Knaptoft medieval settlement and manorial complex including church, three fishponds and windmill mound


Heritage Category:
Scheduled Monument
List Entry Number:
Date first listed:
Date of most recent amendment:
Location Description:
East, south and south-west of Hall Farm, Knaptoft.


Ordnance survey map of Knaptoft medieval settlement and manorial complex including church, three fishponds and windmill mound
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The building or site itself may lie within the boundary of more than one authority.

Location Description:
East, south and south-west of Hall Farm, Knaptoft.
Harborough (District Authority)
National Grid Reference:


Medieval settlement and manorial complex including church, fishponds, ridge and furrow and a windmill mound, first documented in the Domesday Book of 1086.

Reasons for Designation

Knaptoft medieval settlement and manorial complex, including the church, ridge and furrow, fishponds and windmill mound, first documented in Domesday survey of 1086, is scheduled for the following principal reasons:

* Survival: for the well defined settlement earthworks and the associated ridge and furrow depicting the form and plan of the settlement and its associated agricultural practices;

* Potential: for the stratified archaeological deposits which retain considerable potential to increase our understanding of the physical characteristics of the buildings and settlement. Buried artefacts will also have the potential to increase our knowledge and understanding of the social and economic functioning of the settlement within the wider medieval landscape;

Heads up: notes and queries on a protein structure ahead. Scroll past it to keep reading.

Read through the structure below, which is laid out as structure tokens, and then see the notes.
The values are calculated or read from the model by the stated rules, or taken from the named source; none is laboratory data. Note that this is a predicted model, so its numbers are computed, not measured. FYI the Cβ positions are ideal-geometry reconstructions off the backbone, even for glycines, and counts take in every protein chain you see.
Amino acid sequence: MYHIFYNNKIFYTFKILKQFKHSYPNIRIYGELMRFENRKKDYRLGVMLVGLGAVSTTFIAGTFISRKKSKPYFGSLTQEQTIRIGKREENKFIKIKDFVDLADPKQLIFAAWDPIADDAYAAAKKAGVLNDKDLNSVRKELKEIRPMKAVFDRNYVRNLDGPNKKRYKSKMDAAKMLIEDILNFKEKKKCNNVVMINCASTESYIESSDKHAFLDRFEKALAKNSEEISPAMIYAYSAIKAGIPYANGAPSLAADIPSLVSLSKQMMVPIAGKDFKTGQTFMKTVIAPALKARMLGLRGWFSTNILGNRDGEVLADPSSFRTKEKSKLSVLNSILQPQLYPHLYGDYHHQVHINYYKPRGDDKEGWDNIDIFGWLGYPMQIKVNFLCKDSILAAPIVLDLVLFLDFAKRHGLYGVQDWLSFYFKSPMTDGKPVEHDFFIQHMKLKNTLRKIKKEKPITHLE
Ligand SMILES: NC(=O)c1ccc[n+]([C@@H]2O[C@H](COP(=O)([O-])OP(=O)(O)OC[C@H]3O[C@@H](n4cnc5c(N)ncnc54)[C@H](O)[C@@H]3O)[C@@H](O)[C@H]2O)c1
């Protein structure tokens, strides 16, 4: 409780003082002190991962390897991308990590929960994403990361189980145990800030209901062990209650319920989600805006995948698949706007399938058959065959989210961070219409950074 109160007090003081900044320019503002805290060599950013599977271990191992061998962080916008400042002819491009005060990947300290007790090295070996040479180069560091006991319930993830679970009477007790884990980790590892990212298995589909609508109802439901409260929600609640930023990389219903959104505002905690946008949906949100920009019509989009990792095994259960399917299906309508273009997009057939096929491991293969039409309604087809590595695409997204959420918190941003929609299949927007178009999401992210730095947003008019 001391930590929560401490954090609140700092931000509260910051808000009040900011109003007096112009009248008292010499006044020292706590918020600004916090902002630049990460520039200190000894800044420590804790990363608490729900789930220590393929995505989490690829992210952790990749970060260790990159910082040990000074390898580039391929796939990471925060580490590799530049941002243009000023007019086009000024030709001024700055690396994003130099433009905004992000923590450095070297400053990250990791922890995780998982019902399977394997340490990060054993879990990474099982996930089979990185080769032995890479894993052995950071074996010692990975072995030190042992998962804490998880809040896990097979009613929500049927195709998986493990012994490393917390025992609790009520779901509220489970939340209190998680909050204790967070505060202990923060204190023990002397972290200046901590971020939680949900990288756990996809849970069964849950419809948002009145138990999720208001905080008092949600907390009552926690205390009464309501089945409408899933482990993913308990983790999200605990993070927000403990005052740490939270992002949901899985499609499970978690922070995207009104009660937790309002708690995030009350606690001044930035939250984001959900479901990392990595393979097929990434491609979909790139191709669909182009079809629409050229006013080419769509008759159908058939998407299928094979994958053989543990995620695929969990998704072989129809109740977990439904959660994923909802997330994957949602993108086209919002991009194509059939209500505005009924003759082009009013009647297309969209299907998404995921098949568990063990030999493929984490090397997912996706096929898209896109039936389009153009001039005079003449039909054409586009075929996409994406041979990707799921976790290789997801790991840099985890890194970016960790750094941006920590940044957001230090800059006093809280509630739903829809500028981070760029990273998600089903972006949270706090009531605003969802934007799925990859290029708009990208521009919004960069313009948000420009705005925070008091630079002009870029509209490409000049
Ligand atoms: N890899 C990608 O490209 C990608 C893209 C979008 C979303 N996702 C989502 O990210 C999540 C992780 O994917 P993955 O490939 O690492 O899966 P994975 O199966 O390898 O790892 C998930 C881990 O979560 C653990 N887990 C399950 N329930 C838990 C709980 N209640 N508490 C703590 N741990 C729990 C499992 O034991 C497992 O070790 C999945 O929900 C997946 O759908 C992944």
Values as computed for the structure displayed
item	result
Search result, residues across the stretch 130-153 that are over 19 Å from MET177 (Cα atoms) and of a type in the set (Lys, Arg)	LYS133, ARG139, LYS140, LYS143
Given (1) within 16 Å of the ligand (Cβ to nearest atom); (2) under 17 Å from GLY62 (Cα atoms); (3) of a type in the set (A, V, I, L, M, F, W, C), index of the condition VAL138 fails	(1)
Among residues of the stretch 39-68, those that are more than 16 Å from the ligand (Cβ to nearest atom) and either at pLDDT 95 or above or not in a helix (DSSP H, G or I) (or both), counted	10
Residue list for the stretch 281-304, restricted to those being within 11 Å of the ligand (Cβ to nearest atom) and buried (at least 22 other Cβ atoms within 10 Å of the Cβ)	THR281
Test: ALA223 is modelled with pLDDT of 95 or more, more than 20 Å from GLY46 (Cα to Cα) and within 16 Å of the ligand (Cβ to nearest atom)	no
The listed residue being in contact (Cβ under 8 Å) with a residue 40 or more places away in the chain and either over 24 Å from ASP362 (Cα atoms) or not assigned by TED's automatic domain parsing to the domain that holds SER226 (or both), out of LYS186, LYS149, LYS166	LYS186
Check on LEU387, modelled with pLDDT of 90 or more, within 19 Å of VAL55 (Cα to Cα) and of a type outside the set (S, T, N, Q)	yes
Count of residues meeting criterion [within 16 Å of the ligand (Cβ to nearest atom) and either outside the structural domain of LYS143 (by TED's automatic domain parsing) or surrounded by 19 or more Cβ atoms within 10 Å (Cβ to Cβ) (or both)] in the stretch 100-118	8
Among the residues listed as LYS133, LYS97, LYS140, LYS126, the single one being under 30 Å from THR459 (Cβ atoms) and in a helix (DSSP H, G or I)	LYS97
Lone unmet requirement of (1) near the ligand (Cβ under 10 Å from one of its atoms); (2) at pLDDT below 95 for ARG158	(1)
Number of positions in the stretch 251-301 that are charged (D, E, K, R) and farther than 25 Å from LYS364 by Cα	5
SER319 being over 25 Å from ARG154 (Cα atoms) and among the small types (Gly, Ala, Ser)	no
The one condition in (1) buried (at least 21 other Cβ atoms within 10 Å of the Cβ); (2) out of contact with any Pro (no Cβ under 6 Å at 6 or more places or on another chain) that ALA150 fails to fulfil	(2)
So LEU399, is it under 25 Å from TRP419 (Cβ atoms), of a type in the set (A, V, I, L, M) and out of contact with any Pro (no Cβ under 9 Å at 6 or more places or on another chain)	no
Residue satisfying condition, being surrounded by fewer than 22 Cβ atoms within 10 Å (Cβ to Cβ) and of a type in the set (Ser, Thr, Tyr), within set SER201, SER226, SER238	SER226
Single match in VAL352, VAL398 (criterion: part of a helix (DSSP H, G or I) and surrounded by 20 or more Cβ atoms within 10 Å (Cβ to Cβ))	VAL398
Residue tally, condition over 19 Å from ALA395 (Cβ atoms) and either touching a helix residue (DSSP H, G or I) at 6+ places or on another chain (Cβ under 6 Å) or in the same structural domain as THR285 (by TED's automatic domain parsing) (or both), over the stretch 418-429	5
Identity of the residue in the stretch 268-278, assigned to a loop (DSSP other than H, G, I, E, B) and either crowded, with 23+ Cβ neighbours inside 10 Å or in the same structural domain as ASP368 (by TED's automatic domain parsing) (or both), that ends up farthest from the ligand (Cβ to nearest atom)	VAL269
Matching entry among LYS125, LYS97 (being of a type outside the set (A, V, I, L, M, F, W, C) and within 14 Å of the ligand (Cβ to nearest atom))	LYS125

* Documentation: for the high level of historical and archaeological documentation pertaining to the settlement’s evolution;

* Group value: for its close proximity to other related contemporary designated monuments;

* Diversity: for the range and complexity of features such as tofts, crofts, trackways, manorial centre, windmill mound, fishponds and ridge and furrow which, taken as a whole, provide a clear plan of the settlement and retain significant stratified deposits which serve to provide details of the continuity and change in the evolution of the settlement.


The village, comprising a small group of houses (tofts), gardens (crofts), yards, streets, paddocks, often with a green, a manor and a church, and with a community devoted primarily to agriculture, was a significant component of the rural landscape in most areas of medieval England, much as it is today. The Introduction to Heritage Assets on Medieval Settlements (English Heritage, May 2011) explains that most villages were established in the C9 and C10, but modified following the Norman invasion to have planned layouts comprising tofts and crofts running back from a main road, often linked with a back lane around the rear of the crofts, and typically having a church and manor house in larger compartments at the end of the village. In recognising the great regional diversity of medieval rural settlements in England, Wrathmell and Roberts (2003) divided the country into three broad Provinces on the basis of each area's distinctive mixture of nucleated and dispersed settlements; these were further divided into sub-Provinces.